The argument for method #2 would be that the point of multicast is so that one host can send a packet and it can be received by many clients (one-to-many), so it's meant to be the reverse of #1.

OK, as I think about this I'm actually drawn to #2, server-initiated beacon. The problem with #1 is that let's say clients broadcast beacons, and they hook up with the server, but the server either goes offline or changes its IP address.

When the server is back up and sends its first beacon, all the clients will be notified at the same time to reconnect, and your entire system is back up immediately. With #1, all of the clients would have to individually realize that the server is gone, and they would all start multicasting at the same time, until connected back with the server. If you had 1000 clients and 1 server your network load would literally be 1000x greater than method #2.

I know these messages are most likely small, and 1000 packets at a time is nothing to a UDP network, but just from a design standpoint #2 feels better.

Edit: I feel like I'm developing a split-personality disorder here, but just thought of a powerful point of why #1 would be an advantage... If you ever wanted to implement some sort of natural load balancing or scaling with multiple servers, design #1 works well for this. That way the first "available" server can respond to the client's beacon and connect to it, as opposed to #2 where all the clients jump to the beaconing server.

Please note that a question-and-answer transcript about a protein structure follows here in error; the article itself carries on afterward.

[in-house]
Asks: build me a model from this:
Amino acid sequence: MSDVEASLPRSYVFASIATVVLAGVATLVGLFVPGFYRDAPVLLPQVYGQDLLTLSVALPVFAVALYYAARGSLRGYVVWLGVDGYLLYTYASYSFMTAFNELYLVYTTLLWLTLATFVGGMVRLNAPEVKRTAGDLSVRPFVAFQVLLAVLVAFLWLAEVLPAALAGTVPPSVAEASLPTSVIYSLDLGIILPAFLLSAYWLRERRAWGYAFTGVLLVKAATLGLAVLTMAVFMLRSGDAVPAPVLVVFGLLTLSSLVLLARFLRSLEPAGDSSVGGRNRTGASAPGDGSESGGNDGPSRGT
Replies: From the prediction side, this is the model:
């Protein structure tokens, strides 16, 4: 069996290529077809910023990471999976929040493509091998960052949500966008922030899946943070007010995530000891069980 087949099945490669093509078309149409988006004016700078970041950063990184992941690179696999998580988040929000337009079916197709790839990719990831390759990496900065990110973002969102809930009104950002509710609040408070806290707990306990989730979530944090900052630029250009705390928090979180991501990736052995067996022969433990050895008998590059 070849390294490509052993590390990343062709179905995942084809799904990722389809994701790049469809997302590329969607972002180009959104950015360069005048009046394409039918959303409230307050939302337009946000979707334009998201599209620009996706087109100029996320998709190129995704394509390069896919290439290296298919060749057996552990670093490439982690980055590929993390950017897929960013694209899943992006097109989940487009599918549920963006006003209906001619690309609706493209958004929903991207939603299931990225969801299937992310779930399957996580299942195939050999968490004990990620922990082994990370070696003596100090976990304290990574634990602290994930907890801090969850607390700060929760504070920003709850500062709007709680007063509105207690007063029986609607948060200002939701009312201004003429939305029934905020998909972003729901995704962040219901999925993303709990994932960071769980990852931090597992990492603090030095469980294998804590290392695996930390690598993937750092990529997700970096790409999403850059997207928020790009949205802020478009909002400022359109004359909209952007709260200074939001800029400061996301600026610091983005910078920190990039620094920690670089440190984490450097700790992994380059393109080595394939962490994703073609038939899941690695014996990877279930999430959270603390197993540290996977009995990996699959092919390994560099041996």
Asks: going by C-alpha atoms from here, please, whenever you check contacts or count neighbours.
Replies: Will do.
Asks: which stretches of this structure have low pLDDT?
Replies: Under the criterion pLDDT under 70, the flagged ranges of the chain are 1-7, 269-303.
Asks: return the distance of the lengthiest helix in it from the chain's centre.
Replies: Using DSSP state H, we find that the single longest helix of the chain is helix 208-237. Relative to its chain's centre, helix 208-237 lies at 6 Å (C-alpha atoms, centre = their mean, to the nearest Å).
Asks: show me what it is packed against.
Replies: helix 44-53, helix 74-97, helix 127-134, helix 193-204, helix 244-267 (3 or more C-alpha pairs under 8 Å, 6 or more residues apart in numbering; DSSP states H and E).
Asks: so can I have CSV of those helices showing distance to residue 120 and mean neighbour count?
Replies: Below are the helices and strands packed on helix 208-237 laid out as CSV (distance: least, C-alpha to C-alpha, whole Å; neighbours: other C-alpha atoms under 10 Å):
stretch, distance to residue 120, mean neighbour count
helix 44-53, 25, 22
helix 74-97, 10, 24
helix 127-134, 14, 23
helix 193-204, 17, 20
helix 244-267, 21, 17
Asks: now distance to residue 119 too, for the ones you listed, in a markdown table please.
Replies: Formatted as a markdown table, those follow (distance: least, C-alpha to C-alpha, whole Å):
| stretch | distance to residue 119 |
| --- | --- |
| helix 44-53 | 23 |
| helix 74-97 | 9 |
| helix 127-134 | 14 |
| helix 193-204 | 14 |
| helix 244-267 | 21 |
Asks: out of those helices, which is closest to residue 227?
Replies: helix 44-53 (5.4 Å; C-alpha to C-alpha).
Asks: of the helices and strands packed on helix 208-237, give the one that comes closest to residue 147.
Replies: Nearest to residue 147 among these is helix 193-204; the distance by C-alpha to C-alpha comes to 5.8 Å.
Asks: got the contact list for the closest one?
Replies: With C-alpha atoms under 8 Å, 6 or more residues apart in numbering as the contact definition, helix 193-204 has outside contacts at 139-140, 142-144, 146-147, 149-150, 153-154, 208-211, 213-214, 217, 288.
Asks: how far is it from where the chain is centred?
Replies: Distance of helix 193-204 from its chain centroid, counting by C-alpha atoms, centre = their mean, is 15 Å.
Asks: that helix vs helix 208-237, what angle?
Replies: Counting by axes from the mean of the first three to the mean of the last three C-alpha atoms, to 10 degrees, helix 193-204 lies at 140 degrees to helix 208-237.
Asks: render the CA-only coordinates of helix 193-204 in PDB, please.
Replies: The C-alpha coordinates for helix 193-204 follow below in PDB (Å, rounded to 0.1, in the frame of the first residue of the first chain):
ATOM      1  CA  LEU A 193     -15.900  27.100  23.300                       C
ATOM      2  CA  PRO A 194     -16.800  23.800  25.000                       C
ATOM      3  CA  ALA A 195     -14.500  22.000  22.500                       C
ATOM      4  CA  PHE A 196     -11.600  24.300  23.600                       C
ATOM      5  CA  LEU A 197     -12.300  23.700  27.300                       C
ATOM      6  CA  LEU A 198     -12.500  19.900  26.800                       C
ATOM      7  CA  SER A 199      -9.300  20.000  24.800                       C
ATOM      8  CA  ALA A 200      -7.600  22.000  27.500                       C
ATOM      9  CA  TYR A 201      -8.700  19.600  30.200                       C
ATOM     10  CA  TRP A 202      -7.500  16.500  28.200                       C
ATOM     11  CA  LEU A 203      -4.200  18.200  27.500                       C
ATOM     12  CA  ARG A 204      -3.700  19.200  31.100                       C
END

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Your option #2 has a big limitation in that it assumes that the server can communicate more or less directly with every possible client. Depending on the exact network architecture of your operational system, this may not be the case. For example, you may be depending that all routers and VPN software and WANs and NATs and whatever other things people connect networks together with, can actually handle the multicast beacon packets.